These sharks are common near Florida beaches between January and June. Along with tiger sharks and great whites, they’re one of the three species of shark responsible for the great majority of attacks on humans. Bull sharks grow up to 11 feet long. Like all sharks, bull sharks are apex predators and keystone species. They’re currently listed as near threatened.

7. Dusky Shark

Dusky shark
Dusky sharks belong to the same family as grey reef sharks, spinner sharks, and bull sharks.

Rich Carey/Shutterstock.com

These sharks near central Florida beaches take up to 20 years to reach adulthood. They grow up to 14 feet long and swim in Florida’s waters from June through September. Dusky sharks have small dorsal fins and long pectoral fins. They eat all kinds of fish, including dogfish, barracuda, herring, needlefish, stingrays, groupers, grunts, tuna, and more. They’re currently listed as endangered. Like many sharks, their population has drastically decreased in recent decades due to overfishing and pollution.

8. Silky Shark

Silky shark swimming in the Bahamas
The silky shark is closely related to the dusky shark.

Matt9122/Shutterstock.com

These sharks grow to a maximum length of about eight feet. They’re requiem sharks, like great whites and dusky sharks. Silky sharks don’t hunt coral reefs or the shallow sandbars just off shore. Instead, they hunt bony fish and cephalopods (like squid and octopus) near the continental shelf drop-off. They’re present off the coast of Florida from June to August. Silky sharks are currently listed as vulnerable to extinction.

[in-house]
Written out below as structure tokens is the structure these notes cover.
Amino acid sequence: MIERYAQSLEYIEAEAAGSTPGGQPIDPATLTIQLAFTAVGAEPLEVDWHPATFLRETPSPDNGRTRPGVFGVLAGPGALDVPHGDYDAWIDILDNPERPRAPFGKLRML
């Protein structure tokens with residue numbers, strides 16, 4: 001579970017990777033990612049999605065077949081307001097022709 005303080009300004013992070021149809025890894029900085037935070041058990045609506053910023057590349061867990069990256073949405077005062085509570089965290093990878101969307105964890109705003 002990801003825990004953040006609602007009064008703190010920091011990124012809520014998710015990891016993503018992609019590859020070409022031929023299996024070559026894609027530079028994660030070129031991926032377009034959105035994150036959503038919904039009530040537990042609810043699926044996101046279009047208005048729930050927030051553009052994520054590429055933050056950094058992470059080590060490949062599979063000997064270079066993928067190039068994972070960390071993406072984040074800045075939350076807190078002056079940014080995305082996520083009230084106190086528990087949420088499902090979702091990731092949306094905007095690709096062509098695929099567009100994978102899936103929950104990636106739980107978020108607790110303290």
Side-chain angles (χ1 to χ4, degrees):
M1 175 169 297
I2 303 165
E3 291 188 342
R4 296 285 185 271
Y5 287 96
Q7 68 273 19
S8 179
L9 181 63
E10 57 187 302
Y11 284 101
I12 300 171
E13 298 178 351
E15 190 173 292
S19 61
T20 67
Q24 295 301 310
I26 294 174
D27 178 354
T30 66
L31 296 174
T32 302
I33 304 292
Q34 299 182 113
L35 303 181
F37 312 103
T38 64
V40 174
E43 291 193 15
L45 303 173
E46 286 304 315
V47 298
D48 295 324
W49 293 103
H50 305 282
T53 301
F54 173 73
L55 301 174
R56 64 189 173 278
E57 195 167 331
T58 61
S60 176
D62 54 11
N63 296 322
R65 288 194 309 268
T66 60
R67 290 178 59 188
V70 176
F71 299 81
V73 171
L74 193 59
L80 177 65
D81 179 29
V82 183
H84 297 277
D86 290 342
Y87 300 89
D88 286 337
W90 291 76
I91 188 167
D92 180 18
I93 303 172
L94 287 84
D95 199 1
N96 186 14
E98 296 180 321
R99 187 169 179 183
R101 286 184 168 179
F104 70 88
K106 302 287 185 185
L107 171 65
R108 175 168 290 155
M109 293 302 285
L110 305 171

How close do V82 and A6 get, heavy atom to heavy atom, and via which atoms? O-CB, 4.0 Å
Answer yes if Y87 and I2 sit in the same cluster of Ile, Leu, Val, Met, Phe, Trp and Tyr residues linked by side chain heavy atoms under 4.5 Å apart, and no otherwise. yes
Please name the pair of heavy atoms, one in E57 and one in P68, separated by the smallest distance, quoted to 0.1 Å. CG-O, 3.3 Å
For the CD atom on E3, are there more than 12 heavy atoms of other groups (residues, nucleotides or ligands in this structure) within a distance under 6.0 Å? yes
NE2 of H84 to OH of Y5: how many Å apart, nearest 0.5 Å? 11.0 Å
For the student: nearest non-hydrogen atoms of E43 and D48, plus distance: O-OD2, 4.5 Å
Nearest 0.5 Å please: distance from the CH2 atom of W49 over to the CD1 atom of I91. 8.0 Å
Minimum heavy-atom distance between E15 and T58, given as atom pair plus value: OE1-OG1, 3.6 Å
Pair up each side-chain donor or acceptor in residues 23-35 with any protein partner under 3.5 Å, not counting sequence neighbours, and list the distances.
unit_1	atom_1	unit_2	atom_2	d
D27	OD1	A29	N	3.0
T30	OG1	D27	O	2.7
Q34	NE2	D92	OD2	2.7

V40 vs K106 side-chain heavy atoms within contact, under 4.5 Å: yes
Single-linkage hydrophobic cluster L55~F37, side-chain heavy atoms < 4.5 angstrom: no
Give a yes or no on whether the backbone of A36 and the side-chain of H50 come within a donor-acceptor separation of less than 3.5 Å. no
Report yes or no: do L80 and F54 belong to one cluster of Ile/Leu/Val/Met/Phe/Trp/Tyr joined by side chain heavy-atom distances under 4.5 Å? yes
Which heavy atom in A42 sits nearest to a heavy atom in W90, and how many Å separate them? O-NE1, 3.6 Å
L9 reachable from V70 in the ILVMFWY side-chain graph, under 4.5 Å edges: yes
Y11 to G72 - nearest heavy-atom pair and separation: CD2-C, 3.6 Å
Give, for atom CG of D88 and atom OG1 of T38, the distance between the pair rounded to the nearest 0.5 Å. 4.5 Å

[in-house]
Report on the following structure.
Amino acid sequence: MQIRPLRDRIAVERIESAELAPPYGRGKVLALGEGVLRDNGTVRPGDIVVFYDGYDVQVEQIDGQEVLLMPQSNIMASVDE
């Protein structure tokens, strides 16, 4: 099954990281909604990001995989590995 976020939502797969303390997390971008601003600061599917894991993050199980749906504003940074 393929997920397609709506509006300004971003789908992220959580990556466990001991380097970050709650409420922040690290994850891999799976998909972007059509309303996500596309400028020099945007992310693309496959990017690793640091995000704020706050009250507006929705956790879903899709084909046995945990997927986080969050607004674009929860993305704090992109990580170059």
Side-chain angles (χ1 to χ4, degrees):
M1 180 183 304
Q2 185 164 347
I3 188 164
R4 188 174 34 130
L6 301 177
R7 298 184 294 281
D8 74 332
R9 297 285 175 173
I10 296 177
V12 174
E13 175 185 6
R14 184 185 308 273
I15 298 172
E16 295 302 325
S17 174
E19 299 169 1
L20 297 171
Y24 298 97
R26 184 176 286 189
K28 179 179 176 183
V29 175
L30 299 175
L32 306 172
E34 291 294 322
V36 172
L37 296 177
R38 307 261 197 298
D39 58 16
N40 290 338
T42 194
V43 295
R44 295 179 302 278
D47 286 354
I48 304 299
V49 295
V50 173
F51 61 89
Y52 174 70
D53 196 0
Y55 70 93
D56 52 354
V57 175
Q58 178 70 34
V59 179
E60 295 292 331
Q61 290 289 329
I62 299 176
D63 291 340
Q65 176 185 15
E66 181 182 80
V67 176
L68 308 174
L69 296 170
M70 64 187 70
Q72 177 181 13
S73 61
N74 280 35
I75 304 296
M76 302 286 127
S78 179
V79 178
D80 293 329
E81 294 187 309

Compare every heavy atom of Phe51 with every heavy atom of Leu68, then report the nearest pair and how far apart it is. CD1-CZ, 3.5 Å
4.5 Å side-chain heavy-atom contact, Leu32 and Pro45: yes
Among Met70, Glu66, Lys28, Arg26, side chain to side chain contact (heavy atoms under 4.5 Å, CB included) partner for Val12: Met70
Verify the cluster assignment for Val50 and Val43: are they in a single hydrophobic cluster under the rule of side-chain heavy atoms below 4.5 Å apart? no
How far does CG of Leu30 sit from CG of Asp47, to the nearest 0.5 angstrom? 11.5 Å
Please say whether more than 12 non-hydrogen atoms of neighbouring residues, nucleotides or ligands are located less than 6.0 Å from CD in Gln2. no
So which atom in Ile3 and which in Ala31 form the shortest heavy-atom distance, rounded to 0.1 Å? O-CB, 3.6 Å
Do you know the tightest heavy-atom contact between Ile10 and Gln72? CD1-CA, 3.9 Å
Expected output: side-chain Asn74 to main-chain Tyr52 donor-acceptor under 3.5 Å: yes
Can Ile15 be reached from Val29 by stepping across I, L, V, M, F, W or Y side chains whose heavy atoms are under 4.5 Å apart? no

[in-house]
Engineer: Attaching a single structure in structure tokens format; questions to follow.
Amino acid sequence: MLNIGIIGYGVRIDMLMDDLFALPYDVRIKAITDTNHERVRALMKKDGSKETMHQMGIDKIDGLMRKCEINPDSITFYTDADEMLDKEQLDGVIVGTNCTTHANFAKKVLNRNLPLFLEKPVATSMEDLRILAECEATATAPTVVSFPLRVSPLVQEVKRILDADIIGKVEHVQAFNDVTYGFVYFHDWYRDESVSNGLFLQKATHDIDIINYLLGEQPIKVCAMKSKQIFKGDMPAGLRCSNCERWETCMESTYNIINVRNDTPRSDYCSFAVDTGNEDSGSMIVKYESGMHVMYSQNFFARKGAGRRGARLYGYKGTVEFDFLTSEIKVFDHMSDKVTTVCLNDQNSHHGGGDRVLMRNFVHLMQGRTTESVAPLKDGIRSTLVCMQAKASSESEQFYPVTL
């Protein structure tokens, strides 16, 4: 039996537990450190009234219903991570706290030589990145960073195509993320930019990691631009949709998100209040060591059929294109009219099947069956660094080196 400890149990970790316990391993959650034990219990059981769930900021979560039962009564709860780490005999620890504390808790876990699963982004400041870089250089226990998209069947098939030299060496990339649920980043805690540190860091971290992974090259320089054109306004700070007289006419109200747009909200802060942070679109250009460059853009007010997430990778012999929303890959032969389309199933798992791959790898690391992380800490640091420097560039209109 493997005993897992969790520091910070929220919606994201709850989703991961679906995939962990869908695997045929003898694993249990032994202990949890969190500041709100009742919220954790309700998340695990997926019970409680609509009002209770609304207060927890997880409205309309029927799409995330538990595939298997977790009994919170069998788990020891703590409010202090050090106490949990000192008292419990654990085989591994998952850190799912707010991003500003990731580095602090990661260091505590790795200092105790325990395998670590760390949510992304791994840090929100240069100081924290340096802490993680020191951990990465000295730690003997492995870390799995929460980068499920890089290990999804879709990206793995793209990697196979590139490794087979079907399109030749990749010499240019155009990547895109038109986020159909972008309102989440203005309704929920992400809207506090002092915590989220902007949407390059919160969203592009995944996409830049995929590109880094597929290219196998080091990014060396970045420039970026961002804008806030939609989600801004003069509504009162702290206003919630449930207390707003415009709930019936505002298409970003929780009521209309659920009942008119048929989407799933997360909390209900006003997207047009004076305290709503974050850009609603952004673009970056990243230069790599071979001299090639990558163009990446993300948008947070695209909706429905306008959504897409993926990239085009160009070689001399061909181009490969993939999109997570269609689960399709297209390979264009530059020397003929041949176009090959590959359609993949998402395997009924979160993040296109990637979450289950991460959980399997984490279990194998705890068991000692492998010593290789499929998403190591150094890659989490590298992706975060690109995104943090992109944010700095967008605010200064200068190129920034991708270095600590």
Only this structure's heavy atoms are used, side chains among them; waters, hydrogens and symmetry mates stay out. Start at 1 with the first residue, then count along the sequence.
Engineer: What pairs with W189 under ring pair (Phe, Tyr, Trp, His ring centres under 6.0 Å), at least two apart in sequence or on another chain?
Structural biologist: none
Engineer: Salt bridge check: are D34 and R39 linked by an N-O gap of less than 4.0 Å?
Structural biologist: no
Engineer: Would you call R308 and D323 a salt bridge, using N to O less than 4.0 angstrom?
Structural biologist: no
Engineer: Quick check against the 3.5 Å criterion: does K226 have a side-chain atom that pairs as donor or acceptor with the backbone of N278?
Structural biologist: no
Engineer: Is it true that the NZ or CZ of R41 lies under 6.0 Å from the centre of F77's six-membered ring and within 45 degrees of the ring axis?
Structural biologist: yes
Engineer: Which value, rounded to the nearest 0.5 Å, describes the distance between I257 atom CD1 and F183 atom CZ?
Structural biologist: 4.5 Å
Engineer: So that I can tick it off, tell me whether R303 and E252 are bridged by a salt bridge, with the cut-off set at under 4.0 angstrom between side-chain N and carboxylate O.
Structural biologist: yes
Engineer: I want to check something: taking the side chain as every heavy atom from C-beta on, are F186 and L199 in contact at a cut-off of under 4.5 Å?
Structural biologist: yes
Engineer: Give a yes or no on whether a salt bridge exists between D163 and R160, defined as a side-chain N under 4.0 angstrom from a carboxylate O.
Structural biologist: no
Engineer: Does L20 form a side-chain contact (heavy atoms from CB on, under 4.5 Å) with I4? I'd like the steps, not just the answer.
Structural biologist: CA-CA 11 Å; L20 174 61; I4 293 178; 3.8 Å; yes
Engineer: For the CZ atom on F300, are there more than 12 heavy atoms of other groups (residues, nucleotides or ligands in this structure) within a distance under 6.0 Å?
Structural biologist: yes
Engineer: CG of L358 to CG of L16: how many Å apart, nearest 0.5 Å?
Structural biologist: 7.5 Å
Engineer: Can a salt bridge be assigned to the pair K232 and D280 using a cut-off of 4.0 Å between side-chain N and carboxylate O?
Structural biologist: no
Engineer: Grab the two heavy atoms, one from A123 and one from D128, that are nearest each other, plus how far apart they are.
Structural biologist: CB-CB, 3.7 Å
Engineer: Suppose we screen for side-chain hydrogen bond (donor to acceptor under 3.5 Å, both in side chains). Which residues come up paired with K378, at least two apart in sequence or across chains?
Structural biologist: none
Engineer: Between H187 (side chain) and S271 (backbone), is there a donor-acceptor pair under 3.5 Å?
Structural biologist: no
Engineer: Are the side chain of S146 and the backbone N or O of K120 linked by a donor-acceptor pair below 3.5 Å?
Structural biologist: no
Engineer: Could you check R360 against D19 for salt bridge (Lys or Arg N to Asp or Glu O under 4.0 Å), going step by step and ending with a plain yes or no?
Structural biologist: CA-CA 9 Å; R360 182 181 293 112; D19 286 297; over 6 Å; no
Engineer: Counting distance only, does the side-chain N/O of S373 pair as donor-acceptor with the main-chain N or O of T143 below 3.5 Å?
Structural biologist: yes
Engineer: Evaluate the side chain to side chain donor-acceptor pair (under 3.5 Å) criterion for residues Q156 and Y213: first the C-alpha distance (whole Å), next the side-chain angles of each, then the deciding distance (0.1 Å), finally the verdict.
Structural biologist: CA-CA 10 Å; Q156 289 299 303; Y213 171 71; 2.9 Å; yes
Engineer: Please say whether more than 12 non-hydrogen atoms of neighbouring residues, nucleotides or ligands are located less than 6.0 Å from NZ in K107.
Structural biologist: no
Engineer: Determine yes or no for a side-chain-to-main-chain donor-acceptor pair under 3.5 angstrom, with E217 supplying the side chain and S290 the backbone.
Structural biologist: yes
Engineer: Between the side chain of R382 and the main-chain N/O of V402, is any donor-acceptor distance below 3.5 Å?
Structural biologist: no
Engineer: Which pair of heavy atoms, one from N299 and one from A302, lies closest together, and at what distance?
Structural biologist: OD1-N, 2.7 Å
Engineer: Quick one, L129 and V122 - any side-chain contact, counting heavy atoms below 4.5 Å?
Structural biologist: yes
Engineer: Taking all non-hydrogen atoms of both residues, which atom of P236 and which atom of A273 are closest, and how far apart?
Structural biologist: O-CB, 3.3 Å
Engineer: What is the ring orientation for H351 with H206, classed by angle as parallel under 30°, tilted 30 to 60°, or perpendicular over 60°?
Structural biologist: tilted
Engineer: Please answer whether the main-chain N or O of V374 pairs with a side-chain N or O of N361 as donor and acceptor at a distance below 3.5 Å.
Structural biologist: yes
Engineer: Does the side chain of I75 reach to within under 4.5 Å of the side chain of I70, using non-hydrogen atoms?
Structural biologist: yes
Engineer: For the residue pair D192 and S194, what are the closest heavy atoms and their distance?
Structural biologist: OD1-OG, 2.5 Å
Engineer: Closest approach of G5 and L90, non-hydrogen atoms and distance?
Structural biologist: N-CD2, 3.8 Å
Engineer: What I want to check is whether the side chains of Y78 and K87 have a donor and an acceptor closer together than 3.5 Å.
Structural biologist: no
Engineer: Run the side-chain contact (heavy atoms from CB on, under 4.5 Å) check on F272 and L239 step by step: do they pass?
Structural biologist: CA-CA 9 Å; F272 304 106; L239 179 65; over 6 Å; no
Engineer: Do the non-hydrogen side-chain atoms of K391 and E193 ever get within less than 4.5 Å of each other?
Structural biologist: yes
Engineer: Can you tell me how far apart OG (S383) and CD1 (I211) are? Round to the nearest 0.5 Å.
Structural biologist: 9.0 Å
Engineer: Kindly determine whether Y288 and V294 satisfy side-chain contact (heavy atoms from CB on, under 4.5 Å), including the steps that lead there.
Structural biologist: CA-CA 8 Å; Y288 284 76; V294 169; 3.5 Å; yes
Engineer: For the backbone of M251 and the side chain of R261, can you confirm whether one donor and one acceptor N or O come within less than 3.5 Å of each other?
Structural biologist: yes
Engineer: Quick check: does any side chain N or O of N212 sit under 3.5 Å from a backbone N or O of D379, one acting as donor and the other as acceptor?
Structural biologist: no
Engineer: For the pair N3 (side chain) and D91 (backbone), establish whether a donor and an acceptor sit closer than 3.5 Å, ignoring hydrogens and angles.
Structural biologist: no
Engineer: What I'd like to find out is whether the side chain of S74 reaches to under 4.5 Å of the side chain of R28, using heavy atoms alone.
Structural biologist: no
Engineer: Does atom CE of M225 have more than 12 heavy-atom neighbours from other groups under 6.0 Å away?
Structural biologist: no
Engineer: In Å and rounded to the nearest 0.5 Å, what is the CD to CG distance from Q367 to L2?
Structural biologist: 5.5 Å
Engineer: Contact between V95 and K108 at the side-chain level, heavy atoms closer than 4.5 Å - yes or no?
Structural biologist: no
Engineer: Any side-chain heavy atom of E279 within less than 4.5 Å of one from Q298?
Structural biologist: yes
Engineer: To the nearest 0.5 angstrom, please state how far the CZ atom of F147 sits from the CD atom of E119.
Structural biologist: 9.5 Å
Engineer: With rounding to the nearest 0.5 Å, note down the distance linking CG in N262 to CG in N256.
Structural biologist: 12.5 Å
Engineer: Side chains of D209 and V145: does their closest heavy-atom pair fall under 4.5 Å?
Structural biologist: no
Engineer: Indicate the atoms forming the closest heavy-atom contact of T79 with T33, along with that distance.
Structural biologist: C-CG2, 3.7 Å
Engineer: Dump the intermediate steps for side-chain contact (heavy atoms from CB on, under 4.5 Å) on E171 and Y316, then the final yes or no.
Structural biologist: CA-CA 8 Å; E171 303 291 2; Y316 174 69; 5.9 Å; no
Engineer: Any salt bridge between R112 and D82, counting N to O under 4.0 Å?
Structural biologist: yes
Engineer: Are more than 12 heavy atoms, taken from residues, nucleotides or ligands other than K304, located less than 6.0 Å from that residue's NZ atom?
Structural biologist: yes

9. Sandbar Shark

sandbar shark
These sharks live only in shallow coastal waters.

Vladimir Wrangel/Shutterstock.com

Like silky sharks, sandbar sharks are requiem species. They have large, straight dorsal fins and grow up to 8 feet long. They don’t live in the open ocean. Rather, they live in shallow coastal waters all over the world. These sharks near central Florida beaches can be observed from May through August. Sandbar sharks hunt the shallow coastal waters that beachgoers favor, but they only rarely bite humans. They’re currently classified as vulnerable. Sandbar shark populations have been especially hard hit by the shark fin soup industry due to their large dorsal fins.

10. Blacktip Shark

Most aggressive sharks - blacktip shark
These sharks are named for the black tips on their fins.

Gino Santa Maria/Shutterstock.com

Blacktip sharks are some of the most common sharks swimming off the coast of Florida. They can be seen from July through August and grow up to 8 feet long. Despite their size, these sharks are known to bite humans in the presence of fish, bait, or chum. They have streamlined bodies with black tips on their fins. Unlike great white sharks, which have serrated teeth designed for shearing, black tip sharks have thin, pointed teeth. These teeth are designed for holding onto slippery fish. Blacktip sharks are listed as near threatened. They live in tropical and subtropical waters all over the world.

Share this post on:
About the Author

Brandi is a professional writer by day and a fiction writer by night. Her nonfiction work focuses on animals, nature, and conservation. She holds degrees in English and Anthropology, and spends her free time writing horror, scifi, and fantasy stories.

Thank you for reading! Have some feedback for us? Contact the AZ Animals editorial team.